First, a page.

I’m curious what people think: which is a poorer example of science?
A hypothesis that is tested and proven wrong, or
A hypothesis that is so nebulous that it can’t even be tested?
I ask because Nature has just published a letter describing a very simple experiment to test one of the predictions of astrology, that people born in certain months share predictable personalities and experience similar events. Here’s how Steven Lower (Nature 447, 528: 2007) of Ohio State University tested the validity of horoscopes:
I present the students with 12 randomly numbered horoscopes from the previous day, with the corresponding signs of the zodiac removed. I ask each student to record the horoscope that best describes the day she or he had, and the astrological sign (for example, Aries) corresponding to her/his birthday. My scientific hypothesis is that planets may exert a force on our bodies, but it is purely random — 1 out of 12 (8.3%) — whether a horoscope foretells the events of one’s life.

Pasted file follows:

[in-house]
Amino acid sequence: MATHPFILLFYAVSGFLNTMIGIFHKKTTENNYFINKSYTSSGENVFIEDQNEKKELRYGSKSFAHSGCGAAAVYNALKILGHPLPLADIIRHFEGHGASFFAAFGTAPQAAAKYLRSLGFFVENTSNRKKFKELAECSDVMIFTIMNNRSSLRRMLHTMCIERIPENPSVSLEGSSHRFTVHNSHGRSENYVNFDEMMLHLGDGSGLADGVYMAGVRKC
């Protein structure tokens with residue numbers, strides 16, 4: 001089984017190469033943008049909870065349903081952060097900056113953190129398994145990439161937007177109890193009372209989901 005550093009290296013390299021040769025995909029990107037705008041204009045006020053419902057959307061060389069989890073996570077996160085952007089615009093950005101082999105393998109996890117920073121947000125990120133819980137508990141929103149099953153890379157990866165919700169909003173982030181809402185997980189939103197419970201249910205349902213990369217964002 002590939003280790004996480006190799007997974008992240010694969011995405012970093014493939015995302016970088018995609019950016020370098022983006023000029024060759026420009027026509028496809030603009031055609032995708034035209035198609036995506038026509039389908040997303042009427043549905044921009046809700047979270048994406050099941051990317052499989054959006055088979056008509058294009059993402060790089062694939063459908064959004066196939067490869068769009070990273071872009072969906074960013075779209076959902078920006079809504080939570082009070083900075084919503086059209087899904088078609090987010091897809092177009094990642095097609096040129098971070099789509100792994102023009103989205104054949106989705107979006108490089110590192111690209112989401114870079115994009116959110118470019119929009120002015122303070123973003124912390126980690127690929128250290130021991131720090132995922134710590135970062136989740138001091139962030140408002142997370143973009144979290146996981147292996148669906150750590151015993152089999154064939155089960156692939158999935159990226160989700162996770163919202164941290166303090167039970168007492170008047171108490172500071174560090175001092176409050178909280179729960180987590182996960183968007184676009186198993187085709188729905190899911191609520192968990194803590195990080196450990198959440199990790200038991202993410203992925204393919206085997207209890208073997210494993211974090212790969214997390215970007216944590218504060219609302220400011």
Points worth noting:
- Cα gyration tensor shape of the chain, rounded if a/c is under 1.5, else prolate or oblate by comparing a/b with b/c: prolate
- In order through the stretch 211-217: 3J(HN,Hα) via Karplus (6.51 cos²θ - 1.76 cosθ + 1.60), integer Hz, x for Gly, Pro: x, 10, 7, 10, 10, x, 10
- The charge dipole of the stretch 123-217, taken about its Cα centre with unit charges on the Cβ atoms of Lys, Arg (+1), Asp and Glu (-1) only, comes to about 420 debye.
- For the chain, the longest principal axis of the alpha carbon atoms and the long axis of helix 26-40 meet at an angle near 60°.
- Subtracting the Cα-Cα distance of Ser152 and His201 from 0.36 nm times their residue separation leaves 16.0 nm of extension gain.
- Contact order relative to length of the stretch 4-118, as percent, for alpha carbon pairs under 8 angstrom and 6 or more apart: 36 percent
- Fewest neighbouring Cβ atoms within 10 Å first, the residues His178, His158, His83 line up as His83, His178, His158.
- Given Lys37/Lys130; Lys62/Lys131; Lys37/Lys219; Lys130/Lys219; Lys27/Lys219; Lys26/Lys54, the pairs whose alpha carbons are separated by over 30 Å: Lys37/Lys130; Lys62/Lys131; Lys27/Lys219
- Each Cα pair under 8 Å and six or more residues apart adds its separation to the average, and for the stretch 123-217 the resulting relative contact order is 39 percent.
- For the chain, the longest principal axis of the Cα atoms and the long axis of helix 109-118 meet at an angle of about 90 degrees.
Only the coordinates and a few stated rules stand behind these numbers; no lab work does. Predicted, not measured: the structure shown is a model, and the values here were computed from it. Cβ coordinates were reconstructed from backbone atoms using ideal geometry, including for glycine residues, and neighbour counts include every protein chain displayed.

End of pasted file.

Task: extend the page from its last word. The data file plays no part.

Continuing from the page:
I am pleased to report that, as Shawn Carlson has noted, “astrology failed to perform at a level better than chance” (Nature 318, 419-425; 1985). The results from my classes are: 8.0% (n = 163 students), 8.4% (n = 155), 7.0% (n = 143), 8.0% (n = 138) and 8.0% (n = 100). In other words, as John Maddox has commented “astrology is a pack of lies … There is no evidence that the positions of the planets can affect human behaviour” (Nature 368, 185; 1994).
Michael Behe infamously stated that under his definition of science, both astrology and Intelligent Design creationism could be accommodated. If you ask me, I’d say astrology has better cause to be called a “science”—it at least makes specific claims (which, I know from experience, astrologers will hastily back away from when they are shown to be wrong), where ID creationism seems to propose absolutely nothing, other than that evolutionary biology is incorrect, offers no hypotheses, and subjects none of their proposals to testing.